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BACKGROUND: Although urban malaria transmission is low and seasonal, it remains a major public health problem. This study aimed at demonstrating the presence of Anopheles mosquitoes and their potential to transmit malaria in urban settings. METHODS: Two cross-sectional surveys were carried out in Blantyre District, Malawi, during the dry and wet seasons of 2008 and 2010, respectively. A map of Blantyre was divided into a grid of 400 cells, of which 60 cells were randomly selected. Five households located within 100 m from the centre of each selected cell were enrolled, a standard questionnaire was administered, and indoor resting mosquitoes were sampled. RESULTS: In 2008 and 2010, a total of 960 and 1045 mosquitoes were collected, respectively. Anopheles funestus comprised 9.9% (n = 95) and 10.3% (n = 108) during the two surveys, respectively. Anopheles gambiae sensu lato (s.l.) was rarely detected during the second survey (n = 6; 0.6%). Molecular identification was performed on samples collected during the first survey, and An. funestus sensu stricto (s.s.) was the only sibling species detected. All the Anopheles mosquitoes were collected from households located in rural areas of Blantyre and none from urban areas. In univariate analysis, the presence of open eaves was associated with increased Anopheles prevalence, both during the dry (incidence rate ratio, IRR = 4.3; 95% CI 2.4 - 7.6) and wet (IRR = 2.47; 95% CI 1.7 - 3.59) seasons. Chances of detecting Anopheles spp. decreased with increasing altitude (IRR = 0.996; 95% CI 0.995 - 0.997) and during the dry season, but increased during the wet season (IRR = 1.0017; 95% CI 1.0012 - 1.0023). These factors remained significant following a multiple Poisson regression analysis. No association was found between insecticide-treated bednet ownership and the number of Anopheles mosquitoes detected. CONCLUSIONS: The presence of An. funestus s.s and An. gambiae s.l. in the periphery of Blantyre city was an indication that malaria transmission was potentially taking place in these areas.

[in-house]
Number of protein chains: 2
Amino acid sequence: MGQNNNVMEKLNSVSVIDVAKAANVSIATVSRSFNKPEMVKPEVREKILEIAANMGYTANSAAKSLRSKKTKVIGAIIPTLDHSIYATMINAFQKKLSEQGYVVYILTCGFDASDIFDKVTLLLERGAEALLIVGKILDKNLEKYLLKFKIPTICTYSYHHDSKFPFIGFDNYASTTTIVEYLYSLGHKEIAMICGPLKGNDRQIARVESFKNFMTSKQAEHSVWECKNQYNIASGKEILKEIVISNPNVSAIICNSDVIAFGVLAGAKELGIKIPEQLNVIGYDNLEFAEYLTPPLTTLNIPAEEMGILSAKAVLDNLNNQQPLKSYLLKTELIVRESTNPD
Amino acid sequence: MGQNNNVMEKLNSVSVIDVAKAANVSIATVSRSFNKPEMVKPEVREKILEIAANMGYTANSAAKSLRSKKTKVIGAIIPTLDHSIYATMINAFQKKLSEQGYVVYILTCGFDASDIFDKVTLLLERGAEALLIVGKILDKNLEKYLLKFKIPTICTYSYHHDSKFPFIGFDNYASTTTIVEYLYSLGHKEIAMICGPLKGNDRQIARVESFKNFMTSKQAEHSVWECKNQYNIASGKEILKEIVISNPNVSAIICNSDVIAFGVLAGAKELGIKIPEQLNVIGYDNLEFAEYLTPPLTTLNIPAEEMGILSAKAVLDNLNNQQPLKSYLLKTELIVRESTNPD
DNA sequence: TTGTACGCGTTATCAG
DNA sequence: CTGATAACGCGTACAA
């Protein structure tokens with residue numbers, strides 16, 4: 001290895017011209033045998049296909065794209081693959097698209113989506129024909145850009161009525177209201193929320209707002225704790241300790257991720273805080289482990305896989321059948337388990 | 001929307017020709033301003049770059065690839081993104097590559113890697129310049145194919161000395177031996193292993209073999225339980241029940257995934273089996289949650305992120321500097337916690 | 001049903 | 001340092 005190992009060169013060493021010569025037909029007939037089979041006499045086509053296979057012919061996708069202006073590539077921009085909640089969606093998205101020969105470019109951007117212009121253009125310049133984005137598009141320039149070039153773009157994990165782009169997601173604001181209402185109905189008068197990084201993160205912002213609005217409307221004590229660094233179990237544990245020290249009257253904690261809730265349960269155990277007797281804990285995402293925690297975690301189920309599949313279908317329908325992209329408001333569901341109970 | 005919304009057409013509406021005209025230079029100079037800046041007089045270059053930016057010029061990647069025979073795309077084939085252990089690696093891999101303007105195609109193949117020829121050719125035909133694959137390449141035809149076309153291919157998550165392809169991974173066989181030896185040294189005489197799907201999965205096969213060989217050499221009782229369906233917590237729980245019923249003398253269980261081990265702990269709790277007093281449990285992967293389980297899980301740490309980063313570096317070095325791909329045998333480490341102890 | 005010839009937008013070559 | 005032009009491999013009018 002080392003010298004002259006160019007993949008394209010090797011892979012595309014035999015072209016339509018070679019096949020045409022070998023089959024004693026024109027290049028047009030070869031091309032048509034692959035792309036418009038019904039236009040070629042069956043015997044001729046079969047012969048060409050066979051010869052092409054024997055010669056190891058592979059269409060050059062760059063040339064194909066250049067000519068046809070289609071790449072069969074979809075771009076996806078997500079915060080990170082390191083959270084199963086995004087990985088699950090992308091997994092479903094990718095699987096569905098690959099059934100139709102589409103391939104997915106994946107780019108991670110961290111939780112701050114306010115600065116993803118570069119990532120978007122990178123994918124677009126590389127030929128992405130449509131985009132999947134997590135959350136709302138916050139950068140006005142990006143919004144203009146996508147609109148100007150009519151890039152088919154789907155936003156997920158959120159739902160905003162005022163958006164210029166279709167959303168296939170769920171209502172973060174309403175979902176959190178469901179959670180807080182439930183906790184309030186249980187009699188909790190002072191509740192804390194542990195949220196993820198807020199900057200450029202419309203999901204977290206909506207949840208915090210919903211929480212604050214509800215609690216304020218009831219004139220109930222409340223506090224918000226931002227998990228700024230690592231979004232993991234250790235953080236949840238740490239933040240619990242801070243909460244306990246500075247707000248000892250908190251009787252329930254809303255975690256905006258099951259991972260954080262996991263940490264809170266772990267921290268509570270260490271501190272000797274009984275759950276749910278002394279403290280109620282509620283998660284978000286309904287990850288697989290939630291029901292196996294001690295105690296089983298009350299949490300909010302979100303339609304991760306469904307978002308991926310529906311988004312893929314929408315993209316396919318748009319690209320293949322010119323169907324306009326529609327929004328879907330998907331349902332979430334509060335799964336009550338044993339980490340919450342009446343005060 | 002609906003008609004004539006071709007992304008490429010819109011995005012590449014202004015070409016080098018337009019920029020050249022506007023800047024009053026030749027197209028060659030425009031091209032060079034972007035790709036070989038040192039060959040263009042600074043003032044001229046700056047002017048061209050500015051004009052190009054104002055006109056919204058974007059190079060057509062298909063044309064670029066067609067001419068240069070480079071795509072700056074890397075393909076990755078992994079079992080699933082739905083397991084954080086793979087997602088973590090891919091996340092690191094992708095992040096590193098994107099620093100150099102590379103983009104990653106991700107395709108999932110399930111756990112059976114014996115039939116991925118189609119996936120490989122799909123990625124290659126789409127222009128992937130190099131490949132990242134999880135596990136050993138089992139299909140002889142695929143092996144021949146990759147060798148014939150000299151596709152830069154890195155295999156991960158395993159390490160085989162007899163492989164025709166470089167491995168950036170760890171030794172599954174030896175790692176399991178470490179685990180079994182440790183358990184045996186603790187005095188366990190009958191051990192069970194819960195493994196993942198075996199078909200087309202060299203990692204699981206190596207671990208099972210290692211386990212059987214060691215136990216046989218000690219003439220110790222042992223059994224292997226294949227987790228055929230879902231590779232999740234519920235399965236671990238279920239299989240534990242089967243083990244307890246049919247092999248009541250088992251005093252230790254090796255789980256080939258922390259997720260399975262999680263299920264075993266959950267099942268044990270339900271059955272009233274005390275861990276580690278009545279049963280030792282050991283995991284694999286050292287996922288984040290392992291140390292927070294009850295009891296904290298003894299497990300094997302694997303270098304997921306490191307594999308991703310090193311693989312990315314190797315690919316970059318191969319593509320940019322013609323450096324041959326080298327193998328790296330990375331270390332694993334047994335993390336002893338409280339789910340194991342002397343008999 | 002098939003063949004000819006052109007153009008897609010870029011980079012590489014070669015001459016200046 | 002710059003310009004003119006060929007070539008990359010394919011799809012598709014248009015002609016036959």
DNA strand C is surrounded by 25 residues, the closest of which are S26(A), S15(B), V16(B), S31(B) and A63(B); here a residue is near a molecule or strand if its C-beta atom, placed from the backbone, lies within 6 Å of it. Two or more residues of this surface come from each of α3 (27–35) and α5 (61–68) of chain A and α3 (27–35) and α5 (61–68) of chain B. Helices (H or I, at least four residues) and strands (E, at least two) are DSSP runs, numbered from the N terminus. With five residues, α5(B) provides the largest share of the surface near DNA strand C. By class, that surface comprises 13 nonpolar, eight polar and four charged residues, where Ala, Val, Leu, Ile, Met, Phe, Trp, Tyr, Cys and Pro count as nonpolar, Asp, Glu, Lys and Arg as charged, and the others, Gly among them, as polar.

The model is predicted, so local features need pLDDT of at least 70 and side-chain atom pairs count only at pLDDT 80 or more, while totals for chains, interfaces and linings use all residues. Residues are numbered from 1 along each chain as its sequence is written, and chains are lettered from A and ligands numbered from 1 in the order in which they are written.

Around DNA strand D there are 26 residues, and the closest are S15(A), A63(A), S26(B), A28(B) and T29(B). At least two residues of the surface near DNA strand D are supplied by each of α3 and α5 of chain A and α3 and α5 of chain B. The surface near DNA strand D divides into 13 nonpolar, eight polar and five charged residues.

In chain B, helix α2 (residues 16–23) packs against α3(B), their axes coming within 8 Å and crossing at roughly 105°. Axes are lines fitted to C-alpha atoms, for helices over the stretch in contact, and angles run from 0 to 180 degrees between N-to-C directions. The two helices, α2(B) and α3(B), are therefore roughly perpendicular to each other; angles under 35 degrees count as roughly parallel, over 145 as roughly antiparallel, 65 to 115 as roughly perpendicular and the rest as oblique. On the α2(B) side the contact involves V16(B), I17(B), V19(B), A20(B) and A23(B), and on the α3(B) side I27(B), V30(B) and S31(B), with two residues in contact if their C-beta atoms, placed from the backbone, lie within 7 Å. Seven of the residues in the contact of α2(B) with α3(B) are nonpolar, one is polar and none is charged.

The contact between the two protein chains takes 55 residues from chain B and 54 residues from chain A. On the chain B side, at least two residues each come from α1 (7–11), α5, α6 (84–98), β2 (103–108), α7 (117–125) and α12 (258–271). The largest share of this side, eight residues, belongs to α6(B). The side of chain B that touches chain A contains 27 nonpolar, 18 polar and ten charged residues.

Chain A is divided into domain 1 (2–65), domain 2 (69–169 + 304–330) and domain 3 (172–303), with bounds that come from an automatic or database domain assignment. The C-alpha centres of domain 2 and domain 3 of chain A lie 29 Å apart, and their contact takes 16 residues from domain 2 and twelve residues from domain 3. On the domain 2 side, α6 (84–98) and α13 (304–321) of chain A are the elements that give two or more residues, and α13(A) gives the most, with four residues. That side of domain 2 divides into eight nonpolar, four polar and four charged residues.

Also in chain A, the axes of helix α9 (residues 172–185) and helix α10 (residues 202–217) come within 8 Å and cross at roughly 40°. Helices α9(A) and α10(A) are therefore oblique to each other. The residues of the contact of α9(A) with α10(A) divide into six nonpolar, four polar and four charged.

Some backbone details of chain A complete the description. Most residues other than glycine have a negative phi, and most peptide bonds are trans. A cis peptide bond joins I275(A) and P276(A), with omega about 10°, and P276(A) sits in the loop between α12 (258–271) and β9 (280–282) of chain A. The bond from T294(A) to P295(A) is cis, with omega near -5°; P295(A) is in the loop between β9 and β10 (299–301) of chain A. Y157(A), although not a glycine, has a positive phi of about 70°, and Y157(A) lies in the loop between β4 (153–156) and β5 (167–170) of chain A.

Journal article


Malawi Med J

Publication Date





154 - 158


Animals, Anopheles, Cross-Sectional Studies, Humans, Insect Vectors, Malaria, Malawi, Risk Factors, Rural Population, Seasons, Urban Population